Gut bacteria from thin people can invade the intestines of mice carrying microbes from obese people. And these "thin bacteria" can keep mice from getting fat – but only if they eat a healthy diet that is high in good fats and low in sugar.
If current trends continue, overweight and obesity will overtake smoking as the biggest preventable cause of cancer in women in the next twenty years. While men are also more likely to be overweight or obese than women, obesity has a bigger effect on women in terms of cancer.
Some of the most common types of cancer caused by obesity are breast and womb cancer, which predominantly affect women.It really is all about your gut bugs - which you can affect by changing your diet. And the easiest way to do that is cutting down on sugar.
If current trends continue, overweight and obesity will overtake smoking as the biggest preventable cause of cancer in women in the next twenty years.
Keeping a harmful substance legal, but taxing it heavily, works to decrease its public usage. We know that prohibiting alcohol,as they tried to do in the US in the 1920s, doesn't work - it just drove the alcohol market underground into the hands of criminals.
By positive contrast, taxing cigarettes has actually resulted in a decline in smoking. The fall in smoking rates in the UK is a massive win for cancer prevention and tobacco control policy.
In the first half of the 20th century, it's estimated that up to 80 per cent of men smoked. Today, 17 per cent of UK males are smokers. Smoking rates for women peaked in the late 1960s and have been falling ever since.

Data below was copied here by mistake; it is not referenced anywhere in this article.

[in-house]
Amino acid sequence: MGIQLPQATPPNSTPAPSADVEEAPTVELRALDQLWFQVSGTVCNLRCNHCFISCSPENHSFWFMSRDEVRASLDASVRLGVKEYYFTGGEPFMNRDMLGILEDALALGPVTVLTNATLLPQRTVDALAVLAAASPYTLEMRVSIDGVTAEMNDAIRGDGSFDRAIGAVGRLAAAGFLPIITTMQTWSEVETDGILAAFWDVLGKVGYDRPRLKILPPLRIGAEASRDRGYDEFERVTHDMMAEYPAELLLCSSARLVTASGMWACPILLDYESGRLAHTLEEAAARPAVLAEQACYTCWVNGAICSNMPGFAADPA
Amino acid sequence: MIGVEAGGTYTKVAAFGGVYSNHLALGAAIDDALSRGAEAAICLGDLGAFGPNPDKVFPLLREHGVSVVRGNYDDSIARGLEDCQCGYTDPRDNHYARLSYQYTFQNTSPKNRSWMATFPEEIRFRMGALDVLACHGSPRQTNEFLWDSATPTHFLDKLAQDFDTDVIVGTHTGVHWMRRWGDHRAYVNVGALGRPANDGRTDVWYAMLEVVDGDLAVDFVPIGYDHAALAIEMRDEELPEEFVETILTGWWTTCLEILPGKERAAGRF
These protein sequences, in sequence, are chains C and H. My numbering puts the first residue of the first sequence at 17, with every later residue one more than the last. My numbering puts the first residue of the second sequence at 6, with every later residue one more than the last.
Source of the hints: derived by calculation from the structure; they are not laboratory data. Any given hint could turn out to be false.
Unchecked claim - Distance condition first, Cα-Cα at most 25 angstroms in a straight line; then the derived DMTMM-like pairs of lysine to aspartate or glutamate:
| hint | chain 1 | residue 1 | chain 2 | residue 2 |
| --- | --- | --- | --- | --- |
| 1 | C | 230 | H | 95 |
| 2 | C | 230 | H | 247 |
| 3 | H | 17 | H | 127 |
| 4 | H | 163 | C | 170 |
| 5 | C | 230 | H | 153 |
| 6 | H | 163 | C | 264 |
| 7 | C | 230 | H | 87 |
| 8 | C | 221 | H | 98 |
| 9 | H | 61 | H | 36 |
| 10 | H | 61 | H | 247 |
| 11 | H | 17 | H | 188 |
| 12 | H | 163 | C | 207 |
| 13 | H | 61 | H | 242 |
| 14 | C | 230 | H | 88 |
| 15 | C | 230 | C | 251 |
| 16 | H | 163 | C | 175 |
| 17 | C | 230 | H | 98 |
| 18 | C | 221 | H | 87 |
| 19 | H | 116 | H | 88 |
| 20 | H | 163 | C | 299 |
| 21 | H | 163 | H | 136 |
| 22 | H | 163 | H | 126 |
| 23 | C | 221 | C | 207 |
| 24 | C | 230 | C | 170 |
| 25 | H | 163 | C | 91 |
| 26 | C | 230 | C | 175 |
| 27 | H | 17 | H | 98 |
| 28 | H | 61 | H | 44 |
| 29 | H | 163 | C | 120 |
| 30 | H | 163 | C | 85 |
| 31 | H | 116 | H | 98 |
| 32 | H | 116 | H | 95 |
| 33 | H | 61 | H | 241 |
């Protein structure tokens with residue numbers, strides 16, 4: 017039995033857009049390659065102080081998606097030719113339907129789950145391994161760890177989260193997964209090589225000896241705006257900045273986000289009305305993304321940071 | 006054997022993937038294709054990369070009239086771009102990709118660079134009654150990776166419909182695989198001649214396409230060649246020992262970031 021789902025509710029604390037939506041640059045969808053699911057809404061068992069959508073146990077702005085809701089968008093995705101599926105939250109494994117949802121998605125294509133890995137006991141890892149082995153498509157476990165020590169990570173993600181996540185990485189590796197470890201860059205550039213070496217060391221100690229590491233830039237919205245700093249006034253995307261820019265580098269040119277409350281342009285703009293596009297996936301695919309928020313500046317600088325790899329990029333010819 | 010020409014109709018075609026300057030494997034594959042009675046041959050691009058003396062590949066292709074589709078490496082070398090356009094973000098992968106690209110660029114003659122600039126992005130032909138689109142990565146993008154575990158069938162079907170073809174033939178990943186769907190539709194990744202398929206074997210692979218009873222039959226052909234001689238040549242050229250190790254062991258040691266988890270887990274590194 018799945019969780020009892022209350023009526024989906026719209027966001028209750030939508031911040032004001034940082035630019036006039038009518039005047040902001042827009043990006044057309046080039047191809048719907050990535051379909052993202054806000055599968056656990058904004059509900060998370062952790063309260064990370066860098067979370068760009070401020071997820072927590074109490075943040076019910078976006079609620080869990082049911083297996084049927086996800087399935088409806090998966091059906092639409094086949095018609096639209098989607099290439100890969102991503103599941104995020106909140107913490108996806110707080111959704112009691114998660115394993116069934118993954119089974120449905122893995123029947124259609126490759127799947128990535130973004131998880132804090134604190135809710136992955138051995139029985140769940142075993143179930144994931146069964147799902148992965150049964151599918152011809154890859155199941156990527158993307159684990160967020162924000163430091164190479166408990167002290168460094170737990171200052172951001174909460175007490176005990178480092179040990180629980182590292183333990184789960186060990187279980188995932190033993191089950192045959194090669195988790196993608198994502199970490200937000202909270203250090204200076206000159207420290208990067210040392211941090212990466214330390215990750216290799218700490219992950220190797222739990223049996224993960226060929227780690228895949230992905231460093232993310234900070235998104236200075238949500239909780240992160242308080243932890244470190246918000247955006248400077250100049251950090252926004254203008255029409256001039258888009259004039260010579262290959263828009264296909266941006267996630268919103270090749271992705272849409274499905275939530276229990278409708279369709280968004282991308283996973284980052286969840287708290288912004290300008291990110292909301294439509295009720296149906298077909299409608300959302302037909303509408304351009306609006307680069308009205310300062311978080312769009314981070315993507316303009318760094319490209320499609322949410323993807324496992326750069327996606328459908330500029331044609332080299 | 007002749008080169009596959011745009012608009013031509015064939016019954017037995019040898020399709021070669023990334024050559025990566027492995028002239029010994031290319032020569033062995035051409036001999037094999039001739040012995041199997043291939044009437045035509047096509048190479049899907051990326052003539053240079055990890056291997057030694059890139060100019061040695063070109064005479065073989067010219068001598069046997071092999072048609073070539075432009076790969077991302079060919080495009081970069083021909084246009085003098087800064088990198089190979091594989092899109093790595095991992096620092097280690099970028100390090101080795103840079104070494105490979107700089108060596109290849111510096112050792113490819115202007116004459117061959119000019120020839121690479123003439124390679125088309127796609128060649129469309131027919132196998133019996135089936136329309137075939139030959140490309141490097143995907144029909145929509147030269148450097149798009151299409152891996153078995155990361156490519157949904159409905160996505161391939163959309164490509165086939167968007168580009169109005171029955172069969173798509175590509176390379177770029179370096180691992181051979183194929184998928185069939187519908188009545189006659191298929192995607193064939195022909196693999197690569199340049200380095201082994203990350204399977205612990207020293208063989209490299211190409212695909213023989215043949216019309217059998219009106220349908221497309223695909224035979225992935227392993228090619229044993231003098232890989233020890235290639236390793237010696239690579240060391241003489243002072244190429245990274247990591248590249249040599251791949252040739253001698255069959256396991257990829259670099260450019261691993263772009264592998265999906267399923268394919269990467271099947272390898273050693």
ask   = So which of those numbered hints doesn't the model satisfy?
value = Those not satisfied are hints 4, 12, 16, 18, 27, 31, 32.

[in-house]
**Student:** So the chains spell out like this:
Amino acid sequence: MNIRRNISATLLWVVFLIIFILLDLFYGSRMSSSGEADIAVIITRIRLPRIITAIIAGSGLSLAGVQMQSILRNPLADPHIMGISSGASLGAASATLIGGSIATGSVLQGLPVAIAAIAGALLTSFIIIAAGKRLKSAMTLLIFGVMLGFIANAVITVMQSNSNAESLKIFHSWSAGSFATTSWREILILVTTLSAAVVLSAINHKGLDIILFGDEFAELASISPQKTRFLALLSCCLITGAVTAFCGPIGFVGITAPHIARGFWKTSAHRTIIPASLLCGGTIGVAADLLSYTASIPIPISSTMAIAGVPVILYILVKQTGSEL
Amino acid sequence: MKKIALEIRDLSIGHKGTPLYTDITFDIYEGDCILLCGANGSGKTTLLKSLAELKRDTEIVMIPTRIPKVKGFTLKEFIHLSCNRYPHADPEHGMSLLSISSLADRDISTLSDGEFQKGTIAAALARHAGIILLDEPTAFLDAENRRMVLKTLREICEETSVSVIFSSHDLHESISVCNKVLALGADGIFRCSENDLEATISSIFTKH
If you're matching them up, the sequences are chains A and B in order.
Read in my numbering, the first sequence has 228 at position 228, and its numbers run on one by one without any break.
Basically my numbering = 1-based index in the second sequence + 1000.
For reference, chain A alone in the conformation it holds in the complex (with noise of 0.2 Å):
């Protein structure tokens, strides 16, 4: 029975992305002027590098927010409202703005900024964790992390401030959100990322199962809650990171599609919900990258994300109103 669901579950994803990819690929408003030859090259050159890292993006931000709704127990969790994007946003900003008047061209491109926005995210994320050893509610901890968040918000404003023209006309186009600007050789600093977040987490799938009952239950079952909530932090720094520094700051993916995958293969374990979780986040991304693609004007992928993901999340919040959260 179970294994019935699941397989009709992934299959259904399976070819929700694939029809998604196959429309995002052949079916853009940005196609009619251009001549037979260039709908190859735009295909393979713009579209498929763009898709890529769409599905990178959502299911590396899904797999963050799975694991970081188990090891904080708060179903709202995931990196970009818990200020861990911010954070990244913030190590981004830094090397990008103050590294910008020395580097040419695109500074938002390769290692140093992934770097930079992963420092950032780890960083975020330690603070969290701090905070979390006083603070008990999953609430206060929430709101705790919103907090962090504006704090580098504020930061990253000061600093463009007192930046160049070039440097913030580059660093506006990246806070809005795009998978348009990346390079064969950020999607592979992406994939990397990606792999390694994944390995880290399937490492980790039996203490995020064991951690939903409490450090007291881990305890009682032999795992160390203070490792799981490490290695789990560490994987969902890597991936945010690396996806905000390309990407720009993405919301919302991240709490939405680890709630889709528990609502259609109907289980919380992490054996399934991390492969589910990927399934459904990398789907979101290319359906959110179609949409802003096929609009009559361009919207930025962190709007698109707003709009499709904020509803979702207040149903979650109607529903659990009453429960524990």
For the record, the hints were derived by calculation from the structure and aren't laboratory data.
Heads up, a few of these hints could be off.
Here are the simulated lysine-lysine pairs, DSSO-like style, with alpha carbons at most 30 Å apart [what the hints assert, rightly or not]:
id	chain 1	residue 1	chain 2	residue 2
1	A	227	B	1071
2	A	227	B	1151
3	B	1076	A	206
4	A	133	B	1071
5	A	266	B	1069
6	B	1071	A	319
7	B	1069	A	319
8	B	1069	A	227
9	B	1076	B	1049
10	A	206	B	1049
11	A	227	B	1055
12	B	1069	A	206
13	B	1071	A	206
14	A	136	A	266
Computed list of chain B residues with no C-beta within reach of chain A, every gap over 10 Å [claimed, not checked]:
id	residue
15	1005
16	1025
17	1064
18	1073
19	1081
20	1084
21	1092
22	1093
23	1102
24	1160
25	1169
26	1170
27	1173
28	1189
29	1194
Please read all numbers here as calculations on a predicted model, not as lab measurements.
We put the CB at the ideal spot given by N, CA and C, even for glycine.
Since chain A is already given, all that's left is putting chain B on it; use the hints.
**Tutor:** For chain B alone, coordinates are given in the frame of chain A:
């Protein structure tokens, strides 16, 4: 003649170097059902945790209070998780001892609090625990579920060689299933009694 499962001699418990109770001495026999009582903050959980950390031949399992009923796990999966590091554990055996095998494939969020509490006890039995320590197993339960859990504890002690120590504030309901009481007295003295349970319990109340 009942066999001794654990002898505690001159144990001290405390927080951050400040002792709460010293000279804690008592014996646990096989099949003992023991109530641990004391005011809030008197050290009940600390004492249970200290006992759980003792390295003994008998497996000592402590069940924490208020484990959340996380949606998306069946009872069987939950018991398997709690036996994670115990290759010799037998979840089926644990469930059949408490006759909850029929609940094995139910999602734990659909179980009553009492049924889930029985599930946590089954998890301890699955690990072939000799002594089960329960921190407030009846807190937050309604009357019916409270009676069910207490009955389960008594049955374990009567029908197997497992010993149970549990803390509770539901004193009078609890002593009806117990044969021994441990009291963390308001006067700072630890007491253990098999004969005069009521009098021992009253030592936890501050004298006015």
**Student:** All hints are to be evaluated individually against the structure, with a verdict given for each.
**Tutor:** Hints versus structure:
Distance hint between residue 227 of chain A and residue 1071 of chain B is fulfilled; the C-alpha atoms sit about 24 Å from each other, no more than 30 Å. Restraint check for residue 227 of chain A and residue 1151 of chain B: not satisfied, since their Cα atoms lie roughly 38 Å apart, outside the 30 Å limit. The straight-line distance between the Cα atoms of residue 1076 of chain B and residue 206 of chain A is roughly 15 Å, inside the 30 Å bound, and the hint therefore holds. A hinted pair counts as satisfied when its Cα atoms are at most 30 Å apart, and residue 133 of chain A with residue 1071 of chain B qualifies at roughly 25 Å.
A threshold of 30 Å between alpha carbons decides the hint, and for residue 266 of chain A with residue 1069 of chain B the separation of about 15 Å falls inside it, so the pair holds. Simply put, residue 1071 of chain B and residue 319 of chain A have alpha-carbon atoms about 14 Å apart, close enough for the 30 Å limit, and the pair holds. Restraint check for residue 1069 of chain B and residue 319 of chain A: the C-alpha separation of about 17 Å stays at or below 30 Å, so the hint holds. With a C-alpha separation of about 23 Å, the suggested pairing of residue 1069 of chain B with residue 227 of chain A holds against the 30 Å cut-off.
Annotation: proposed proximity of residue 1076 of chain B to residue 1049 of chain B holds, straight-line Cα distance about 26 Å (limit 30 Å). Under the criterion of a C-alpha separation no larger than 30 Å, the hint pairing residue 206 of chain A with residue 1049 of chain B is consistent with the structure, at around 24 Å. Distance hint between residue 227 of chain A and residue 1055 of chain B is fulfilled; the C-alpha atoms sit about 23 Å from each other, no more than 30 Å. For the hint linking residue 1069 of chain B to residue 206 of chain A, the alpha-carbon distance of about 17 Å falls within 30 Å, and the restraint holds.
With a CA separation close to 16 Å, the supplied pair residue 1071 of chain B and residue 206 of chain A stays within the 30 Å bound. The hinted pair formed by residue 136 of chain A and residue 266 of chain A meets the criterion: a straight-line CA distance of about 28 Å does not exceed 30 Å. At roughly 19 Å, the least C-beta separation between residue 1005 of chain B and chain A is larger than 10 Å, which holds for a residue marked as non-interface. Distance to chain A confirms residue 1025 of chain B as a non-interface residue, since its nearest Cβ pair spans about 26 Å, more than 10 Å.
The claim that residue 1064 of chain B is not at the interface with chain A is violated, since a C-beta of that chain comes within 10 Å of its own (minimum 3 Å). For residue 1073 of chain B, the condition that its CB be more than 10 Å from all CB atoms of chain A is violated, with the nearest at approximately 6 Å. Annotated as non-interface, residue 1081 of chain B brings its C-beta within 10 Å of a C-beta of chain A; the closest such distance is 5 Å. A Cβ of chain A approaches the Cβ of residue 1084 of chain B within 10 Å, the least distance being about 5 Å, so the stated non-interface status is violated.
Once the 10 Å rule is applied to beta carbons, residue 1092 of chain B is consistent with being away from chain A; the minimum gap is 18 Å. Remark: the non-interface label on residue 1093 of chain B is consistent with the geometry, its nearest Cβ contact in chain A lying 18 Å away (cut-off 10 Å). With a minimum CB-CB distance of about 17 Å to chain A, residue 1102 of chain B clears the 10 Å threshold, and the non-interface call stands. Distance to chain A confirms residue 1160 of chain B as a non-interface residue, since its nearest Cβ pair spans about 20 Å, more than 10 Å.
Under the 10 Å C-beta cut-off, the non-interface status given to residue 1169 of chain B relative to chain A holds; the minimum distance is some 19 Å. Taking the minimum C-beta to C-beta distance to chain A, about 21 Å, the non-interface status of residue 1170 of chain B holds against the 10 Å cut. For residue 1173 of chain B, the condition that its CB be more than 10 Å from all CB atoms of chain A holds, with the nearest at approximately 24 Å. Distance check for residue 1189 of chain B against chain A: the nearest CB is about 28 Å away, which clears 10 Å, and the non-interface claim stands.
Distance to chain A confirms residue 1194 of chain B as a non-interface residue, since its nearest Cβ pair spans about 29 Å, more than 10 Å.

We don't have to wonder - we have a great working example in front of us.
When you're trying to influence public behaviour, making something more expensive by taxing it is a sensible and effective thing to do.
So, I'm a big fan of the sugar tax. But it needs to be accompanied by a lot of education, and a crackdown on the appealing advertising of sugary products, similar to the process undertaken with tobacco products.
Education is key and much needed!
Last year, figures showed that only 1 in 7 people in the UK knew obesity was a cause of cancer. Moving forward, I can think of no better recommendations than the ones put forward by Cancer Research UK, and I would add my voice to theirs.
They're calling on the government to ban junk food adverts on TV before the 9pm watershed to help protect children, with similar protections online, and to restrict unhealthy price promotions in supermarkets. They've also launched a UK-wide campaign to increase awareness of the link between obesity and cancer. Public policy needs to be informed by science - and the science is in: sugar usage is as harmful as tobacco.
Public policy needs to be informed by science - and the science is in: sugar usage is as harmful as tobacco.
We need to throw the full weight of the government behind reversing this harmful trend, before it creates another disastrous wave of preventable cancers to swamp the NHS.
Shann Nix Jones is a gut health expert, the author of three best-selling books on the subject and the Director of Chuckling Goat.